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Addressing Food Allergy Equity Through Research, Practice and Policy

Twenty years ago, Ruchi S. Gupta, MD, MPH, was starting out as a researcher focused on asthma disparities. But as she dug deeper into the research, something nagged at her. “It was clear we knew a lot about disparities when it came to asthma and atopic dermatitis,” she said, “but we didn’t know nearly as much about how disparities affected food allergy patients.” The topic quickly became an area of interest for her, and she began dedicating more research time to the topic of food allergy, its prevalence and disparities surrounding it.

There’s a lot more data out there about equity and food allergy now. “Maintaining an allergen-free diet is not only challenging, but more expensive,” Dr. Gupta said. “For individuals and families with lower incomes, regularly obtaining safe food can be difficult. We see in the data that low income and minority families tend to spend less money on safe foods and spend more money on emergency department visits.”
Ruchi S. Gupta, MD, MPH
Dr. Gupta is the founding director of the Center for Food Allergy & Asthma Research (CFAAR) at Northwestern University Feinberg School of Medicine and Ann & Robert H. Lurie Children's Hospital of Chicago. She and her team conduct research on the prevalence of food allergy in the United States, the economic cost of food allergy and asthma, and disparities.
Their research has examined food allergy equity from a number of angles including food insecurity in food allergy patients during COVID-19, clinical tools that can help address food allergy equity barriers and, most recently, a paper published in JAMA on the racial, ethnic and socioeconomic differences in food allergy prevalence across the United States of America.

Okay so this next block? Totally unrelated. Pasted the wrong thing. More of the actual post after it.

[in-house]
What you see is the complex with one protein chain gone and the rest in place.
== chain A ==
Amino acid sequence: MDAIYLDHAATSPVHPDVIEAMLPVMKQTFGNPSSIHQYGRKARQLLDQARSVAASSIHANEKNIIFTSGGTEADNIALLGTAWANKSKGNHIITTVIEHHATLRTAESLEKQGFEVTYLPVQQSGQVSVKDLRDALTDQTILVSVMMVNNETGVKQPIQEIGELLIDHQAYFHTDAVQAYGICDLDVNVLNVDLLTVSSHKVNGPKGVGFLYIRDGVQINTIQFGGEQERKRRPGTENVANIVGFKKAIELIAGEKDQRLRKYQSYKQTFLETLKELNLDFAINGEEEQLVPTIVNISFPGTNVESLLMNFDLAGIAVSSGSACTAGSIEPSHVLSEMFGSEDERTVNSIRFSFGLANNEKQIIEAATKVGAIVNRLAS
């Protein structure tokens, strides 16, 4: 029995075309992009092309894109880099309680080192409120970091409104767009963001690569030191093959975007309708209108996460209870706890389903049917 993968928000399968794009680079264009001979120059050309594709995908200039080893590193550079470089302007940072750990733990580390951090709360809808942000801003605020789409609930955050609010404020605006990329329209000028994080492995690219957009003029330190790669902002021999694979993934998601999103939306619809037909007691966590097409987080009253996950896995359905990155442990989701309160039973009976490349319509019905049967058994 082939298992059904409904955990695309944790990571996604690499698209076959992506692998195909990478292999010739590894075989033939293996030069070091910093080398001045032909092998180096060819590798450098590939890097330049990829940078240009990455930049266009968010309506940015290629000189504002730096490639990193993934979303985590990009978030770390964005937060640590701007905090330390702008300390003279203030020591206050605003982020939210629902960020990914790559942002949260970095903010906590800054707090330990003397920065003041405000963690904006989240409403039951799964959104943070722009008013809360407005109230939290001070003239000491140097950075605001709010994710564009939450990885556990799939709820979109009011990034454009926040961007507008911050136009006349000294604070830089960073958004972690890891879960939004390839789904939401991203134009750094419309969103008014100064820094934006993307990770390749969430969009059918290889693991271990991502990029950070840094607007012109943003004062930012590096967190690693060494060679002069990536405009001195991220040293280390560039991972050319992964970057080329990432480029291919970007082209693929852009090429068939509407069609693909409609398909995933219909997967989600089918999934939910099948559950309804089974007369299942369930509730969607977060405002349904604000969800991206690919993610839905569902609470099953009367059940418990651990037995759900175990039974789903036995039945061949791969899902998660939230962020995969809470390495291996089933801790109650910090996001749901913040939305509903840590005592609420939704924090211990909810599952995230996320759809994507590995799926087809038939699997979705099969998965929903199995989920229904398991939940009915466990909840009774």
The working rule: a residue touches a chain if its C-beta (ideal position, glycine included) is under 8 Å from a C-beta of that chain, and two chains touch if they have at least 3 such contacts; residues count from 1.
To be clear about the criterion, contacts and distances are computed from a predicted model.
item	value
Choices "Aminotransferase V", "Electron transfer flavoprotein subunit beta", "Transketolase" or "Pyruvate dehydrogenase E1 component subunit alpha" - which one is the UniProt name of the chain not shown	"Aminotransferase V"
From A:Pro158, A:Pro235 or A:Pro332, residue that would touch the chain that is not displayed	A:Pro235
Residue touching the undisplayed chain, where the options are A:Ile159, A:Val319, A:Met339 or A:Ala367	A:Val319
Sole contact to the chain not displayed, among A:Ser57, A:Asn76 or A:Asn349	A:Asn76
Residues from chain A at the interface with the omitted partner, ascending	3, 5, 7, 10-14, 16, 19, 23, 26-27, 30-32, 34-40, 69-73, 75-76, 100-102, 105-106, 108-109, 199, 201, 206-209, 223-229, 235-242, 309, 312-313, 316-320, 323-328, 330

Dr. Gupta and her team also work with their local community and with different groups on projects in food allergy equity. Recently, they’ve worked with the Food Equality Initiative, which is trying to get safe, allergy-friendly foods into food pantries and create online resources for underserved families. She and her team have also visited food pantries to survey clients, asking about food issues such as food allergies, access to safe foods and more. “We’re going straight to the source to really see what these families are struggling with,” said Dr. Gupta.
Dr. Gupta and her daughter visiting the Food Equality Initiative (FEI) team in Kansas to learn more about their food pantry system. FEI prioritizes providing safe foods for families with food allergy and celiac disease who are facing insecurity.
Food equity policy changes are one way to attempt to address these disparities. Brian P. Vickery, MD, FAAAAI, and Aikaterini Anagnostou, MD, MSc, PhD, FAAAAI, Past Chair and current Chair of the Adverse Reactions to Foods Committee, met with staff from the USDA Food & Nutrition Service office and later with the Senate Committee on Agriculture, Nutrition, and Forestry staff about how important early introduction is for food allergies and how disparities come into play. They were able to get report language in the appropriations proposal in support of including early introduction in the Senate Appropriations Committee report in June of 2023. You can read the testimony the AAAAI submitted on the issue here.
Ensuring that those utilizing the Special Supplemental Nutrition Program for Women, Infants, and Children (WIC) receive peanut-containing foods in the 0-1-year age WIC package can help prevent future allergy development in underserved populations. It’s just one of the many policy issues the AAAAI is focusing its advocacy efforts on to address food allergies.
There are many efforts underway to address the issues of equity in food allergy, but there’s more that can be done on an individual level. According to Food Insecurity in the Food Allergic Population: A Work Group Report of the AAAAI Adverse Reactions to Foods Committee, which was published in 2022 and Dr. Gupta helped author, most allergist/immunologists do not screen their patients for food insecurity.
“It’s vital that we screen our patients for food insecurity and provide them with the right resources, if necessary,” Dr. Gupta said. “The work group report provides resources to help healthcare professionals start screening for food insecurity, and also helps get healthcare professionals the right resources to pass along to patients.”